A team of scientists has combined a patch clamp with what is essentially an
atomic force microscope to be able to now study beating cardiac cells.
The patch clamp technique has provided a great deal insight into the
electrophysiological processes happening on the cellular level by
monitoring ion channel activity. For the discovery, Erwin Neher and Bert
Sakmann won the 1991 Nobel Prize in Physiology or Medicine.
Now a team of scientists has combined a patch clamp with what is essentially
an atomic force microscope to be able to now study beating cardiac cells.
The new technology relies on a special force-controlled nanopipette that was
modeled on microchanneled cantilevers used in atomic force microscopes.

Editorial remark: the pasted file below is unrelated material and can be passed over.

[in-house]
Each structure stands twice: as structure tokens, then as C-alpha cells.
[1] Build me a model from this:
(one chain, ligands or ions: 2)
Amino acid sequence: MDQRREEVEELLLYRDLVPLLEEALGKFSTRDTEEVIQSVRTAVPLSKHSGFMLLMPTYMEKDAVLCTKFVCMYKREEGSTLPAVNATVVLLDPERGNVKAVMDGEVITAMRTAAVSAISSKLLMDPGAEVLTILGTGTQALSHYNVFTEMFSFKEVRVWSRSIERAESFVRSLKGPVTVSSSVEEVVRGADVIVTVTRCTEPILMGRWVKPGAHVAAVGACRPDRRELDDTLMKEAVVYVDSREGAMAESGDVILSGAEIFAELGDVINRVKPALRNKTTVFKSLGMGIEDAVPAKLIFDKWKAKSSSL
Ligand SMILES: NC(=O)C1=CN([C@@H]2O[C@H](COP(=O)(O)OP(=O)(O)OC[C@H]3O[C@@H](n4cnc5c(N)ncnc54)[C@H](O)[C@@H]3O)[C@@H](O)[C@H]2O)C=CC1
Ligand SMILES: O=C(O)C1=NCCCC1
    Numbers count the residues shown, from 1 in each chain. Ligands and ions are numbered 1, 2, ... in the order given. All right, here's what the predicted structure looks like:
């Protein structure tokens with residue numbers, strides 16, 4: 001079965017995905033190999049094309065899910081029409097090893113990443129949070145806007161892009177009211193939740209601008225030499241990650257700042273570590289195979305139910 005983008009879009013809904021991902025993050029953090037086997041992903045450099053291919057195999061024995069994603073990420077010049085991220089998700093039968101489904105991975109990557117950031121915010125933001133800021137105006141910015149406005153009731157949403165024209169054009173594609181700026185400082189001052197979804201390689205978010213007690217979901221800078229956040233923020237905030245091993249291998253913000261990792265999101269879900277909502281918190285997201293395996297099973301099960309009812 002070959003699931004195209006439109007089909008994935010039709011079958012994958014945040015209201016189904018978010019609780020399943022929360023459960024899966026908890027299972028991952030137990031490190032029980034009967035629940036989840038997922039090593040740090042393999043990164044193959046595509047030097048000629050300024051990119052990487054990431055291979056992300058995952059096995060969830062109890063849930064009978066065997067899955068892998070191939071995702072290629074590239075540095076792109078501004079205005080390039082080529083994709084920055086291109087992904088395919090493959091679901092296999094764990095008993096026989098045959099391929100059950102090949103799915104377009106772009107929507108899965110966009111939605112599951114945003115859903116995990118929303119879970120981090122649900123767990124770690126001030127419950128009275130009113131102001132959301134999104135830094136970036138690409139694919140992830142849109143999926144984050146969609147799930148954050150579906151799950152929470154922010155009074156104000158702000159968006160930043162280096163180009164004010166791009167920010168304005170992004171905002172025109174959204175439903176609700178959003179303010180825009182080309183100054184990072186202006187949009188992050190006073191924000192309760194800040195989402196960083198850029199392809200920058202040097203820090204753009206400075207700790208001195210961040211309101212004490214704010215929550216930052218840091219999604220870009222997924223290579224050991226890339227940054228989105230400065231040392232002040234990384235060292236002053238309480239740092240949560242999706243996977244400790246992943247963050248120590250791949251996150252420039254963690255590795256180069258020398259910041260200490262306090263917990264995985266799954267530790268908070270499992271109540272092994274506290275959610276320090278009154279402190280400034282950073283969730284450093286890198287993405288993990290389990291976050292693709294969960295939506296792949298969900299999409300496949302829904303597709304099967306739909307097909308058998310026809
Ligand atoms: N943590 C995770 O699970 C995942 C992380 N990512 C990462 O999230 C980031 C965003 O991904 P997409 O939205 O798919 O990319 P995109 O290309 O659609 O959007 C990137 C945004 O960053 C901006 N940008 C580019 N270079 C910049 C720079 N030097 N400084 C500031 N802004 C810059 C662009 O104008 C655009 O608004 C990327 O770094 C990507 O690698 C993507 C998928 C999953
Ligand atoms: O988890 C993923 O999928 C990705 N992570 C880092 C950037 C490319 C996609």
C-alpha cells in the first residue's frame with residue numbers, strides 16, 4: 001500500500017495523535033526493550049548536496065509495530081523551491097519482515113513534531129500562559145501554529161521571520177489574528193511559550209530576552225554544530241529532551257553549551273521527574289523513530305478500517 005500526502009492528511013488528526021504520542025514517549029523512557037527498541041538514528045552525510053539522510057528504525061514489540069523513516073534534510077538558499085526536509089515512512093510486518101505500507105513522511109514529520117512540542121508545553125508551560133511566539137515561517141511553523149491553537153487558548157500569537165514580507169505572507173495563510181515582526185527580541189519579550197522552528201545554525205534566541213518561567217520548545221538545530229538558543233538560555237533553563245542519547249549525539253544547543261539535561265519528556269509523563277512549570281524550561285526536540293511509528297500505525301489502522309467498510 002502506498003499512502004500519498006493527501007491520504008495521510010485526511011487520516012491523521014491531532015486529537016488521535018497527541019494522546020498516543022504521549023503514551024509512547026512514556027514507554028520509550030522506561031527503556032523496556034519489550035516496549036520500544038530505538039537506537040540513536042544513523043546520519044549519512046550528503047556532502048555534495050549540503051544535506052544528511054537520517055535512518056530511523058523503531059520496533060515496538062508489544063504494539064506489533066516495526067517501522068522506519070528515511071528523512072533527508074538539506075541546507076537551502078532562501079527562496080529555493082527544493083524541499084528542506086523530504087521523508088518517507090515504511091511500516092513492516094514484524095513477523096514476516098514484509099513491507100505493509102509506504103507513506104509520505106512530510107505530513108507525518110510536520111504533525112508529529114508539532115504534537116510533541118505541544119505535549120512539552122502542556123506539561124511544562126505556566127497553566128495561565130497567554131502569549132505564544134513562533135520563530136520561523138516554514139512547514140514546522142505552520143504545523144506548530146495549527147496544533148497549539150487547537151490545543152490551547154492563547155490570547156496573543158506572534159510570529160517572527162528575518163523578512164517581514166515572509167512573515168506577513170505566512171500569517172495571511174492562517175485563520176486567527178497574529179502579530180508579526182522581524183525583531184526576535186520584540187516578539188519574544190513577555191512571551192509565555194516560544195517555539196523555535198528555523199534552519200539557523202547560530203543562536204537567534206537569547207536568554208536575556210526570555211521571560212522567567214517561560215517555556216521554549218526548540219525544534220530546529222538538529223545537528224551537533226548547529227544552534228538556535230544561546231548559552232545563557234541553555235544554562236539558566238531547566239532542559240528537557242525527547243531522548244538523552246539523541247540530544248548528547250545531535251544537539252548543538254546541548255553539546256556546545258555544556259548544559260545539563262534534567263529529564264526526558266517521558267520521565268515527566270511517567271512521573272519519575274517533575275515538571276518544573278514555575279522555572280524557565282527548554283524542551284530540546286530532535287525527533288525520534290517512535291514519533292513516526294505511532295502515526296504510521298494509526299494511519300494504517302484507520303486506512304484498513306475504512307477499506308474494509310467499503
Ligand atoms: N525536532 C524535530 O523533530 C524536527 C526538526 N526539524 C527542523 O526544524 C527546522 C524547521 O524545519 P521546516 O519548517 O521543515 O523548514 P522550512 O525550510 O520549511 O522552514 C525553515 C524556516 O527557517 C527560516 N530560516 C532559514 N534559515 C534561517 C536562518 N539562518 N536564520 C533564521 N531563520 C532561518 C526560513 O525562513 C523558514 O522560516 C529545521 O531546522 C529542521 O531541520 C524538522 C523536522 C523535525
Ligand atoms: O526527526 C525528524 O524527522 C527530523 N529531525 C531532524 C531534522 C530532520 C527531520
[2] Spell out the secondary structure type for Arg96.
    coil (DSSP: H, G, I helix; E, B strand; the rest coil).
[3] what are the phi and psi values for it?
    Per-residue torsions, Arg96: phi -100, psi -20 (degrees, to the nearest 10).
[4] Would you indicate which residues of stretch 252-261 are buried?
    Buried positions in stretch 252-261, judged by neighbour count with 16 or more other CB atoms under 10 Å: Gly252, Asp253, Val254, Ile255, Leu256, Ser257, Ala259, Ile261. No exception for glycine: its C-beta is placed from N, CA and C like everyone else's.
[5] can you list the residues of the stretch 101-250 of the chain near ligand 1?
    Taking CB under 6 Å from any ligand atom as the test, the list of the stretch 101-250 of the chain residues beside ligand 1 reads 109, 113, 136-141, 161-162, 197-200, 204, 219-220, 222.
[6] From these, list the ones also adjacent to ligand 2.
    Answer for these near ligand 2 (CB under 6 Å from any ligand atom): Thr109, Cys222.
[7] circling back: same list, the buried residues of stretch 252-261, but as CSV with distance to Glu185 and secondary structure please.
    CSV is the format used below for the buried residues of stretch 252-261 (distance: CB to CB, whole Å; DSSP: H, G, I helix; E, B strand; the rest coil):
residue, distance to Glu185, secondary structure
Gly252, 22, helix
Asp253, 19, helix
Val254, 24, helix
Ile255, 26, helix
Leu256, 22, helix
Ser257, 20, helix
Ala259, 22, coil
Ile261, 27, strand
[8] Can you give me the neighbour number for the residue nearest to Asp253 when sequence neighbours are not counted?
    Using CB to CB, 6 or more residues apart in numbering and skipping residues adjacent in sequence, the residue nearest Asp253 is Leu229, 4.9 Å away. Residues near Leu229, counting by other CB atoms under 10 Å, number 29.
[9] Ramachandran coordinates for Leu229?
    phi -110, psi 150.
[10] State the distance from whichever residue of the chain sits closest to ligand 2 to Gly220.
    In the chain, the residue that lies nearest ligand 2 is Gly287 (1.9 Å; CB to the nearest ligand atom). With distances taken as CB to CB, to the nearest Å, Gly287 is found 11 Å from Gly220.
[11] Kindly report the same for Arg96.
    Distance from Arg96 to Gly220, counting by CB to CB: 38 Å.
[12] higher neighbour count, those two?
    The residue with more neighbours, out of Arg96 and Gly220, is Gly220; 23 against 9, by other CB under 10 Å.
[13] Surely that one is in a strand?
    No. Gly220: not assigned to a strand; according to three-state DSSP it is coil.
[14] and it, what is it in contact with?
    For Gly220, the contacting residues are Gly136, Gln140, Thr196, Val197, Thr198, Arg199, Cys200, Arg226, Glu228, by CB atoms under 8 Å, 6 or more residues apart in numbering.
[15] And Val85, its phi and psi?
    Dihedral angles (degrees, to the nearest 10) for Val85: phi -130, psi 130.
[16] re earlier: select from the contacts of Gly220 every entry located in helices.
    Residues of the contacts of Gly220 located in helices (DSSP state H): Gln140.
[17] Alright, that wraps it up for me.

Study abstract: First, the compatibility of the system with patch-clamp
electronics and its ability to record the activity of voltage-gated ion
channels in whole-cell configuration was demonstrated with sodium (NaV
Second, we showed the feasibility of simultaneous recording of membrane
current and force development during contraction of isolated cardiomyocytes.
Force feedback allowed for a gentle and stable contact between AFM tip and cell
membrane enabling serial patch clamping and injection without apparent cell